Many South Koreans are now one or two years younger after the nation changed the way it counted ages on Wednesday. A new law will bring South Korea in line with how most countries around the world count a person’s age.
In the past, South Korea used a traditional age-counting method that considered a baby one year of age at birth. People then turned a year older every January 1. That means that a child born in December would turn 2 shortly after birth.
One young girl told a local television station: “I turned 6 and then I became 5 again.”
Some South Koreans became two years younger. Oh Seung-youl went from 63 to 61. “It’s always good to be younger,” he said with a laugh.
One person, however, reminded people that the new age-counting plan does not change a person’s true age.
Choi Eun-young is now 49. She used to be 50.
“The law doesn’t make you biologically younger and there are no real benefits other than feeling good about being called a year younger than before,” she said.
President Yoon Suk Yeol said updating all South Korean’s ages to the international norm was an important goal for his government. He said he wanted to reduce “social and administrative confusion.”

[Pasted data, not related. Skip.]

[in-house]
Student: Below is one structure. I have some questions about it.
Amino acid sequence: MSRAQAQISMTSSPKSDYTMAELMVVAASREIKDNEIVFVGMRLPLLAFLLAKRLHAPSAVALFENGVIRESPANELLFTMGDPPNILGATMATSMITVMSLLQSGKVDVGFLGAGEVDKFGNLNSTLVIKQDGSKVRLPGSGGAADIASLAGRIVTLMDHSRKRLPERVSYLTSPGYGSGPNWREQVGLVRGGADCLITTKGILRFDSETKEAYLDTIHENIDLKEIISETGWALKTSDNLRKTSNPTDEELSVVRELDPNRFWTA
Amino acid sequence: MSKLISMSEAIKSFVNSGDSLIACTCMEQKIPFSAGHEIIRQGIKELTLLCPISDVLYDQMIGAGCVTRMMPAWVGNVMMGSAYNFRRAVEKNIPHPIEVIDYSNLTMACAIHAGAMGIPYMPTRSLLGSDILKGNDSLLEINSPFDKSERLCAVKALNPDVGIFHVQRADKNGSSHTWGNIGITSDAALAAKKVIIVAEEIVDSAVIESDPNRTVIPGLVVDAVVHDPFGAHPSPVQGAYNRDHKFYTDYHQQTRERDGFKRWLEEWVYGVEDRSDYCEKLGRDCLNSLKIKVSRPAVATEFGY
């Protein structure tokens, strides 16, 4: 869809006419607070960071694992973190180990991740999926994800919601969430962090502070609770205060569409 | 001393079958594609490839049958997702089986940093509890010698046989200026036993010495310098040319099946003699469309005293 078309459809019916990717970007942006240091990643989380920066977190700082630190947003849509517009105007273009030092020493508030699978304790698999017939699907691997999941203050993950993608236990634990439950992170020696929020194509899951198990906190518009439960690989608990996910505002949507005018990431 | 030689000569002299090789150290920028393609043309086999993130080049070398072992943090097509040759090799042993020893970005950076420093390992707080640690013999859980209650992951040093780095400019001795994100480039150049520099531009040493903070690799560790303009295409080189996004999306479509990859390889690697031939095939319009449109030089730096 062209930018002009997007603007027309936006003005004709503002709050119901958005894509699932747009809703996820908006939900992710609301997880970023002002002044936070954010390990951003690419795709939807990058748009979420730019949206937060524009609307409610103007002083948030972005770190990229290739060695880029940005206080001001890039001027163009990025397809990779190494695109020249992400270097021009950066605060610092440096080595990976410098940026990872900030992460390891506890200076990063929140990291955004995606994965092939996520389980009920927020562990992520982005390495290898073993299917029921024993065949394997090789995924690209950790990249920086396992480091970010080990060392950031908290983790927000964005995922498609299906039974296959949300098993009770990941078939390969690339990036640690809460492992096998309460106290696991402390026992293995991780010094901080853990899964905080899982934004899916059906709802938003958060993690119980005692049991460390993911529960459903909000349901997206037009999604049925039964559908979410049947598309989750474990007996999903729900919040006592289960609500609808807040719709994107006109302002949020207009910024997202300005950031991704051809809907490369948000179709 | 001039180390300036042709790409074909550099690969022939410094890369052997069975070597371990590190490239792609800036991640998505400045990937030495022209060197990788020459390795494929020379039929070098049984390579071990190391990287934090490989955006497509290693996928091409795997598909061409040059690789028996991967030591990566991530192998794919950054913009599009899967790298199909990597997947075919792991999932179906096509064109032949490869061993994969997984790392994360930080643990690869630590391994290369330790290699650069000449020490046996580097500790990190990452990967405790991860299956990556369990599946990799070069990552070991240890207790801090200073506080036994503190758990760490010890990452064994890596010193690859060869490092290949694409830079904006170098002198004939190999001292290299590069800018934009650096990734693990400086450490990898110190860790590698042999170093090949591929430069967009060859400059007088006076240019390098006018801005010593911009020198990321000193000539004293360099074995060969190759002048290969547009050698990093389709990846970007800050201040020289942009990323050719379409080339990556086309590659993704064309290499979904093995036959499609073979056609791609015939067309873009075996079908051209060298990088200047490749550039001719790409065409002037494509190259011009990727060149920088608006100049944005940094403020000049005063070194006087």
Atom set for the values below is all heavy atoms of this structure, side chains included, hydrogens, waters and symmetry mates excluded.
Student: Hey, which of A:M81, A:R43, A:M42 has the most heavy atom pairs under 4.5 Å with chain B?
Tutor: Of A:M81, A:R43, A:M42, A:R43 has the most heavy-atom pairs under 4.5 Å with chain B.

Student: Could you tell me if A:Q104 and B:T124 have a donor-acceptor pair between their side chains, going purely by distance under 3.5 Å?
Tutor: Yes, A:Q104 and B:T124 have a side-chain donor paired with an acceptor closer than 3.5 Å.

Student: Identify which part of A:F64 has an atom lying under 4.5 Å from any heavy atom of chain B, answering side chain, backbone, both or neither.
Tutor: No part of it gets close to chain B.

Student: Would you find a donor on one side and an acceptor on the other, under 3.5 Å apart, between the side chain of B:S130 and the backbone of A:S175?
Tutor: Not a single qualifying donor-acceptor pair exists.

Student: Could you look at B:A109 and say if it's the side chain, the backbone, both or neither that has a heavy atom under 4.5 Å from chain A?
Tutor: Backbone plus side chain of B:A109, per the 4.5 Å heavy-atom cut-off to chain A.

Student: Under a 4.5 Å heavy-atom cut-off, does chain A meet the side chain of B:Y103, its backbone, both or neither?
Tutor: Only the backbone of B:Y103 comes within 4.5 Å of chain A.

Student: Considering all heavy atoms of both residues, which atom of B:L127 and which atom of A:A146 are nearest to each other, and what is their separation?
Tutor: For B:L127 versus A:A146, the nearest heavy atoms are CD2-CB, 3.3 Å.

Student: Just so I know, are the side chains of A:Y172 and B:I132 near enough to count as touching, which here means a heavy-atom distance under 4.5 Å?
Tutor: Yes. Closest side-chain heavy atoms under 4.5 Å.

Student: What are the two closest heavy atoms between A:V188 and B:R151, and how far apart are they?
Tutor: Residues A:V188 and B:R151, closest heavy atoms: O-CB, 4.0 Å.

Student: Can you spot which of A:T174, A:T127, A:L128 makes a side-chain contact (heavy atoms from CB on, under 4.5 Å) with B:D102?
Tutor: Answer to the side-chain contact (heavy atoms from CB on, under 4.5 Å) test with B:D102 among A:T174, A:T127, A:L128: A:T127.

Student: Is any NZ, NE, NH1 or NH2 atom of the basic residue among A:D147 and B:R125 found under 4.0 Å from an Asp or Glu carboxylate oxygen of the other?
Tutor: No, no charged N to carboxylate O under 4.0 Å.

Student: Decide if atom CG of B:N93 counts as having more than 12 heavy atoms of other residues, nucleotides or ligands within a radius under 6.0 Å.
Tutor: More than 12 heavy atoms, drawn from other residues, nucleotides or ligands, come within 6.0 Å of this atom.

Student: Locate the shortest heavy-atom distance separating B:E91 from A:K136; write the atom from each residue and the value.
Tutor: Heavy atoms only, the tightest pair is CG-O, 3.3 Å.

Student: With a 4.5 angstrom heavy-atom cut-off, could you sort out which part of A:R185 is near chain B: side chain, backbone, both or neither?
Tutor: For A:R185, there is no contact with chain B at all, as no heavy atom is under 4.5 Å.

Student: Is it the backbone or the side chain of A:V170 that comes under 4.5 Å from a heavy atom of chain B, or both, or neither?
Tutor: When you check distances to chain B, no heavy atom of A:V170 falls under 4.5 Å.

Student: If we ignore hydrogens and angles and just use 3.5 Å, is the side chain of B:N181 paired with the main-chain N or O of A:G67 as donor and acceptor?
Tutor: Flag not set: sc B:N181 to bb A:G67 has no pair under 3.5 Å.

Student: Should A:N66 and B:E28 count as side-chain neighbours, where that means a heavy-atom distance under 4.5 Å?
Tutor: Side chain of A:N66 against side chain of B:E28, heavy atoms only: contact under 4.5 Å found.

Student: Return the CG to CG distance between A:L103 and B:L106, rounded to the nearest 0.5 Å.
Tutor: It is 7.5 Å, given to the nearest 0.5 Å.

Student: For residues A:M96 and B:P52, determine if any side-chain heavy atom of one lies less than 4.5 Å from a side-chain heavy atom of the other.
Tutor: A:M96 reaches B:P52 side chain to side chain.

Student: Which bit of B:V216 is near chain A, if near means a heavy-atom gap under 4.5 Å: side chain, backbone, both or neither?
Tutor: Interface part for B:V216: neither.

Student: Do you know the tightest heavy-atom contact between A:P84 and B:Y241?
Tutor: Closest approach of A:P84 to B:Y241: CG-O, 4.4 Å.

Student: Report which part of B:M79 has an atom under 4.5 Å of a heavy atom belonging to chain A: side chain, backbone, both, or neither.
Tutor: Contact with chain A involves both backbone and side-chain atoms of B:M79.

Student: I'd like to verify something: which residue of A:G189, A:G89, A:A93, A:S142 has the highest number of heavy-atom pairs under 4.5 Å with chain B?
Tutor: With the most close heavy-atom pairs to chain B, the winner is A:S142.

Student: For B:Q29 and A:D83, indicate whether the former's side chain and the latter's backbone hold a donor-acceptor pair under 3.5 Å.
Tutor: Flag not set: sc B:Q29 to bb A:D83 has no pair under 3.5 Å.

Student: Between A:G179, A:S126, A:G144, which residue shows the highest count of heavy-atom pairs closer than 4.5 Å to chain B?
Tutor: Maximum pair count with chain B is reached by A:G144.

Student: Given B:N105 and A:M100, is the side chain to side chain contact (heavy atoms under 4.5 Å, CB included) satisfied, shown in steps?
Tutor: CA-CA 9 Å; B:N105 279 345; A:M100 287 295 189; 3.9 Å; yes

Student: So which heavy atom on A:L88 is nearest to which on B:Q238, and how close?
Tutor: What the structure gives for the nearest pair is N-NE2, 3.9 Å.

But government officials said the new law does not change how South Koreans receive public services and benefits. They were always based on the international standard. So were rules about when a child starts school, when a young person is permitted to drive a car, and when an adult can get a pension.
Kim Si-eun said she already misses the old method of age-counting. She is 21 years old. She said the old way seemed easier.
“With everybody now going with international age, the changed ages feel awkward,” Kim said.
Some observers say the change will be helpful in situations such as giving medicine to children. Instructions on a box of medicine could say the amount for a 12-year-old is different from an 11-year-old. However, if the package was made outside of South Korea, it could be hard for South Korean parents to know how much medicine to give their child.
One office worker noted that South Koreans respect older people. So if someone is now a bit younger, they may no longer be considered as important in an office or an organization.
“You are losing as much as two years!” said 56-year-old office worker Choi Duck-sang. “Still, I think this is a change that should have been made much earlier. It’s a good thing -– the entire nation got younger together,” he said.
I’m Dan Friedell.
Dan Friedell adapted this story for Learning English based on a story by The Associated Press.
Words in This Story
benefit –n. a good thing
update –v. to change something so it is done in a new way
standard –n. a common and accepted way of doing things
confusion –n. the feeling of not understanding something
pension –n. money received by older, retired people after working in a job for a long time; paid either by the company they worked for or the government
awkward –adj. a feeling of being uncomfortable
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